Compassion Part 2. (Hope)

In my previous post, I unpacked the word "compassion" in the context of the Jesus' story of the Good Samaritan.  Compassion means "to suffer alongside with."  Jesus uses this word in another popular and powerful story, the Parable of the Prodigal Son.

In the story, a father provides everything his children could need, but it's not enough for one of the sons (and not enjoyed by the other.) The youngest son takes his inheritance early, leaves town, and goes and parties himself into poverty and desperation. In the midst of his mess, he has a moment of clarity where he realizes being a servant back home is better than the situation he found himself in. He packs up his bags and heads home. But how would the father, who had been severely insulted and embarrassed by the son, respond?

"While the son was still a long way off, his father saw him and felt compassion, and ran and embraced him and kissed him." (Luke 15:20)

What stands out most to me in this part of the story is that his father was waiting for him to come back. We don't have a clear picture of how long it had been since the son left, but the father believed he was coming back. He expected it. He hoped for it. And he celebrated it.

Being compassionate means that you believe the best in a person is possible. That there is more to their story than you can currently see. That change and growth are possible.  

I have a problem sizing people up too quickly and moving on. I have a problem writing off people as "just a ______." (you could fill in the blank with any insult or label you want.)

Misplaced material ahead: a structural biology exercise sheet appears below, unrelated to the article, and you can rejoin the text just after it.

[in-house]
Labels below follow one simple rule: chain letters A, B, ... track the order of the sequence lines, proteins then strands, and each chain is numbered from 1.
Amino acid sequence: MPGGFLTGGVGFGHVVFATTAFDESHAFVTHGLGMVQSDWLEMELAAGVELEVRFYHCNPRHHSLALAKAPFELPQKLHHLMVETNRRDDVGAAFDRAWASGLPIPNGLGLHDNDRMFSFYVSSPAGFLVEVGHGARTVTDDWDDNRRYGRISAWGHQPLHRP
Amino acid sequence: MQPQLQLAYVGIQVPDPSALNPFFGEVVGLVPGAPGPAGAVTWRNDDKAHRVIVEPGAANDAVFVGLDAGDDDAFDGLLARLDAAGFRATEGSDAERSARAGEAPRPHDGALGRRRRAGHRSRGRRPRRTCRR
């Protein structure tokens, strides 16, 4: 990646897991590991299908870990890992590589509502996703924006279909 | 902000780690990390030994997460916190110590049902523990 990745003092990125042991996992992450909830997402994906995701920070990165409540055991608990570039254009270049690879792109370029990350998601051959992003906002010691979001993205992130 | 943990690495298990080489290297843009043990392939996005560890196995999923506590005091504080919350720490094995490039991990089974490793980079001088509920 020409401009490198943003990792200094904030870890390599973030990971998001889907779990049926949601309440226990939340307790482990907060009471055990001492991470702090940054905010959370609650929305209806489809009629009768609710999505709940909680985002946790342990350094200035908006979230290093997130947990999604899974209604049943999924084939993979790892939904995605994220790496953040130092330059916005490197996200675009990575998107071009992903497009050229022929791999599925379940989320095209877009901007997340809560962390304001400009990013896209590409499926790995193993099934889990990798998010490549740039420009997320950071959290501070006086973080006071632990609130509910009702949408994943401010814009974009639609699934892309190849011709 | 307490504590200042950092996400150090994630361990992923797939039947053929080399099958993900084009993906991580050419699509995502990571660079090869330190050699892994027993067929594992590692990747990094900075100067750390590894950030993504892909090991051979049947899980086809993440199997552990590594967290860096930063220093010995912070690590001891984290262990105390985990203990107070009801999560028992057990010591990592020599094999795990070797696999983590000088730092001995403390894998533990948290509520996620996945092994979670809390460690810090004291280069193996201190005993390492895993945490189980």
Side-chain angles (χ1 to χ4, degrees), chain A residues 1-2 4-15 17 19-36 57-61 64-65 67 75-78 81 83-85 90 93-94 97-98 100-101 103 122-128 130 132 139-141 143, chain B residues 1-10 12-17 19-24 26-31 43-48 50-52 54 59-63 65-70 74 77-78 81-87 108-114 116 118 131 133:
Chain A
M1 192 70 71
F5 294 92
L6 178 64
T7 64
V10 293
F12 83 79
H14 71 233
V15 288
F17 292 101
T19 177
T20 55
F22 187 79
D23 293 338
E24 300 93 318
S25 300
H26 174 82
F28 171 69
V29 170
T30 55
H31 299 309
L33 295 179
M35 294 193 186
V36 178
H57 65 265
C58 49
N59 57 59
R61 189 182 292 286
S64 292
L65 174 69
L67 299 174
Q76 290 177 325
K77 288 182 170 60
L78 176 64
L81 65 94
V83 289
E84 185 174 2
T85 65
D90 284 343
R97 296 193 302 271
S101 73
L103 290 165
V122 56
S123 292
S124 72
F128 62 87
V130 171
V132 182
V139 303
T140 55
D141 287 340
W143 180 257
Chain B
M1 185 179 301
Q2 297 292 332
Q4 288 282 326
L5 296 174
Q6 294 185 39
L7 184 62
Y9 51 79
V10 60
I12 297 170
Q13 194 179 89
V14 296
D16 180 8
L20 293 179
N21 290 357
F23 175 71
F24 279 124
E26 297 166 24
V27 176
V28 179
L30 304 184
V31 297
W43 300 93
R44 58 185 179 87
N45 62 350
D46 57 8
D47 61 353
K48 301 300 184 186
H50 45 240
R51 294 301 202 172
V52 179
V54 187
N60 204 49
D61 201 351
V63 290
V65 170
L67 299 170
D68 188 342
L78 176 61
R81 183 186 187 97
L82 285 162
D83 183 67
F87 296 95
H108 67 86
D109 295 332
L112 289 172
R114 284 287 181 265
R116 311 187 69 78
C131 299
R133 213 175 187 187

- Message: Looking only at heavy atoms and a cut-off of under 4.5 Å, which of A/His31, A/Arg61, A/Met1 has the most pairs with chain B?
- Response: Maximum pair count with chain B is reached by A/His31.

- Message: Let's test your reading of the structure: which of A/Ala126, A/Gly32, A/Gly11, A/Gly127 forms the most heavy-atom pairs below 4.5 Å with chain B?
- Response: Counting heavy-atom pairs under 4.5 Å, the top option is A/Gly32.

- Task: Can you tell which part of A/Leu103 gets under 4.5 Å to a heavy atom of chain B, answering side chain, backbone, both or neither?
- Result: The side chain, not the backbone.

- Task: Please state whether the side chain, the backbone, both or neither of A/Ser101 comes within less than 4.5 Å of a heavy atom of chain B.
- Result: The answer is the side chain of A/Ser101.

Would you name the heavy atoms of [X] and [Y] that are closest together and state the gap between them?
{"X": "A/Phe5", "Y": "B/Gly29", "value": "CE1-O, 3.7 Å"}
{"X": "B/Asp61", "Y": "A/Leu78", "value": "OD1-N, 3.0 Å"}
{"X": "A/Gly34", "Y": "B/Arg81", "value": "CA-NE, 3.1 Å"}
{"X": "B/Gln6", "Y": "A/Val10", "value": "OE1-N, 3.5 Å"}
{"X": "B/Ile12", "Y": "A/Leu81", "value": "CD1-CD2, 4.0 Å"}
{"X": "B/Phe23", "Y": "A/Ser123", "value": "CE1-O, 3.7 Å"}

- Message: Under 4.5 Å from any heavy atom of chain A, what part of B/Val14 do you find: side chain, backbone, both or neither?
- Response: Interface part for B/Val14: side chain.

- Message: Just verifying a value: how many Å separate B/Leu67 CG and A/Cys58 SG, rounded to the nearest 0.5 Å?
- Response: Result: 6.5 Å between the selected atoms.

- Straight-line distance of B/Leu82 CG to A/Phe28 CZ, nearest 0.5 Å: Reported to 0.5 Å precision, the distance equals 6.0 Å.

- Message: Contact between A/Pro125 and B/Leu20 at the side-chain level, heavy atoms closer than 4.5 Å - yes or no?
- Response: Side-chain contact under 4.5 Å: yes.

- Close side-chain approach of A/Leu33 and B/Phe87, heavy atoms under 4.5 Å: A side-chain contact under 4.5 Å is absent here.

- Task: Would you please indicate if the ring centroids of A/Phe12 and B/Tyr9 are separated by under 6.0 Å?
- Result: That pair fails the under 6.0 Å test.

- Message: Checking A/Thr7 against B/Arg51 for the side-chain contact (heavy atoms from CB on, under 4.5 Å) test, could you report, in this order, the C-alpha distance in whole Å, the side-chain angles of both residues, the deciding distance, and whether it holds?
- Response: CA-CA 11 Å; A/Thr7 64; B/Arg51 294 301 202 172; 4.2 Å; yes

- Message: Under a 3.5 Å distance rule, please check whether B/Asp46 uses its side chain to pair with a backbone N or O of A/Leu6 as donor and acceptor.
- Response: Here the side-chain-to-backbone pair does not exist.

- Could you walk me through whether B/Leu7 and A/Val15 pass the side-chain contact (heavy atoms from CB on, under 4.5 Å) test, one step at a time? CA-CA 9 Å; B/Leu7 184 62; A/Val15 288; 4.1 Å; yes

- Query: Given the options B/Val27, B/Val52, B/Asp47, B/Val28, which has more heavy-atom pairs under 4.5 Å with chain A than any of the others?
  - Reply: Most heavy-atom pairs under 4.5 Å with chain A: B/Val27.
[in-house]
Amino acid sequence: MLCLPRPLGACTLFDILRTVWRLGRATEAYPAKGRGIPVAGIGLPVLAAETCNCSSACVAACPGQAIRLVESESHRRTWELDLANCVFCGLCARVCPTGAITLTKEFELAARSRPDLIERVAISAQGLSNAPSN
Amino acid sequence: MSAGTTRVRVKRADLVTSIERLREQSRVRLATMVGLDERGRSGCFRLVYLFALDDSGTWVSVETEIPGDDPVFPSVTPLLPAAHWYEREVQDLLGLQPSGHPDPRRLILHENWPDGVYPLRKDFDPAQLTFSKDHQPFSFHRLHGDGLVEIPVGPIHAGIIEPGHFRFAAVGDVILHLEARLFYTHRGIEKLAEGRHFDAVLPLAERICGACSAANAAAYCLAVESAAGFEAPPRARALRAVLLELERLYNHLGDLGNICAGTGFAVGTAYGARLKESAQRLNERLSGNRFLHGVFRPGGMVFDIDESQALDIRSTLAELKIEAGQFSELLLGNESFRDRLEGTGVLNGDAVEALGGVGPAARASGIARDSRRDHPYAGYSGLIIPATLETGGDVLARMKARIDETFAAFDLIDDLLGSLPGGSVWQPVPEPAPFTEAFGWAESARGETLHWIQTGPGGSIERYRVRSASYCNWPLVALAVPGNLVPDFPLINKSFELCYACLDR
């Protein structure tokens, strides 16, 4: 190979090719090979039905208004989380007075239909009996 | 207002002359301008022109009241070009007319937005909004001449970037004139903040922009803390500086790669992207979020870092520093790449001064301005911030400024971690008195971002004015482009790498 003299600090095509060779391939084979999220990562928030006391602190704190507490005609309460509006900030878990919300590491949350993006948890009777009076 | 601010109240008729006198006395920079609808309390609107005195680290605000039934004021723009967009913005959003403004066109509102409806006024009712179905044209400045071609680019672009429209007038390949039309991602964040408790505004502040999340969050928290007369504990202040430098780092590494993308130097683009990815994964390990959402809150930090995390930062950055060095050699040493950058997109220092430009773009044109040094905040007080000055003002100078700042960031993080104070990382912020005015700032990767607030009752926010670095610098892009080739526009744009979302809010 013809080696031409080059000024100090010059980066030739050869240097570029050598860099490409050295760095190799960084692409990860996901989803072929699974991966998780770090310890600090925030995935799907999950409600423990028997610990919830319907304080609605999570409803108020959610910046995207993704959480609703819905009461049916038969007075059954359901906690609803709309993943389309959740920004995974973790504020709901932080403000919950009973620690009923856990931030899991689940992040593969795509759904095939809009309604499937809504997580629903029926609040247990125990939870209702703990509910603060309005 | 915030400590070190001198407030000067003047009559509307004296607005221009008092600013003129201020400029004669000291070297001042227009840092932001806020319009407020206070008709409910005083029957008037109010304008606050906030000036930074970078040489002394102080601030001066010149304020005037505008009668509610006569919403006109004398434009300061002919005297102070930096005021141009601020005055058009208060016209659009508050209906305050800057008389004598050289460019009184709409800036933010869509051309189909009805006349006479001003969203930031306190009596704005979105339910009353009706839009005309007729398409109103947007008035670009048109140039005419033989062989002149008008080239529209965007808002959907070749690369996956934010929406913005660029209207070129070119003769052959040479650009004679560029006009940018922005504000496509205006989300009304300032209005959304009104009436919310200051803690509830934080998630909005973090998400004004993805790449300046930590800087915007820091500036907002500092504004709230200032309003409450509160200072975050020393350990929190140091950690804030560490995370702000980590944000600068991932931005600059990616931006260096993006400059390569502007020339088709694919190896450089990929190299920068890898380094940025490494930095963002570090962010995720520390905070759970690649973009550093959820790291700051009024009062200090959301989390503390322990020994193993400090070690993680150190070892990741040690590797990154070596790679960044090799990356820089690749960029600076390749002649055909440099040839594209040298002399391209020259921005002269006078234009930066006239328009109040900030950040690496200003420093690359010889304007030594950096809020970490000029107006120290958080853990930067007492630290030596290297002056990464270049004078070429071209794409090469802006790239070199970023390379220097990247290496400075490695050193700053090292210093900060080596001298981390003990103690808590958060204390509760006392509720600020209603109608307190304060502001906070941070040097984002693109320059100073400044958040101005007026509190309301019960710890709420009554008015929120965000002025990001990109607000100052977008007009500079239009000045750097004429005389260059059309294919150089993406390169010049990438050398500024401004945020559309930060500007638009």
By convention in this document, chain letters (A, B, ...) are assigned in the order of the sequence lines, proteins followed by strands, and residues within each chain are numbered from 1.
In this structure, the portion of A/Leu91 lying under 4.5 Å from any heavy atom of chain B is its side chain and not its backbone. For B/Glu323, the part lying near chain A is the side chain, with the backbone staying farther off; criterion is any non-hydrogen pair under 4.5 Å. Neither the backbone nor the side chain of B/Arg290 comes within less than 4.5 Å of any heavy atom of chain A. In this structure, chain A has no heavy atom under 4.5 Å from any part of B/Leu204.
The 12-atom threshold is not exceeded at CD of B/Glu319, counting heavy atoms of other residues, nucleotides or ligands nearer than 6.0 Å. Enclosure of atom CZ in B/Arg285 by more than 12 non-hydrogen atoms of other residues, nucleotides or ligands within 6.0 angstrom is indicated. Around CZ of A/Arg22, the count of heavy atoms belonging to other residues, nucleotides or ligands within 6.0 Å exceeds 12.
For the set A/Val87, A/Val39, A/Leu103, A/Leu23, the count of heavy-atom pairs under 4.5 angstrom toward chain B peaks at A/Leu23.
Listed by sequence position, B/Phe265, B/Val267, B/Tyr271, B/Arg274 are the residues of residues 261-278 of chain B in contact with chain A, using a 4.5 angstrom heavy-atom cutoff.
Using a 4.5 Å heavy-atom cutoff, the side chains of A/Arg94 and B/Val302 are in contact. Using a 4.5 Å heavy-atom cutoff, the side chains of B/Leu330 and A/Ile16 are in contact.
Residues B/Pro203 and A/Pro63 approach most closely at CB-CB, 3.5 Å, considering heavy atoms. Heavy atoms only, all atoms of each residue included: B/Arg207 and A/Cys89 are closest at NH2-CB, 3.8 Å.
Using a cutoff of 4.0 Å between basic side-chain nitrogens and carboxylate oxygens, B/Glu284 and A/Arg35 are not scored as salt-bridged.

The problem with the word "just" is that people are complex. They are works in progress. There's a lot of context and backstory and history and nuance to label anyone "just a" anything. It certainly doesn't move the conversation or relationship forward.

Going back to the story of the Prodigal Son, I can imagine many the father's friends or family saying to him, "Sorry, your son is just a loser. He just doesn't appreciate you or what you have done for him and the best thing you can do for you is move on and forget him. He's just going to break your heart. It is what is."  What if the father had bought into that?

Compassion tells me to slow down, have patience, assume the best intentions, and don't give up on a person. And that I do those things out of a deep reservoir of love for that person, not out of pity or some type of self-righteousness. I have this kind of compassion for others because this kind of compassion has already been given to me by God (and countless others.)

Compassion demands hope.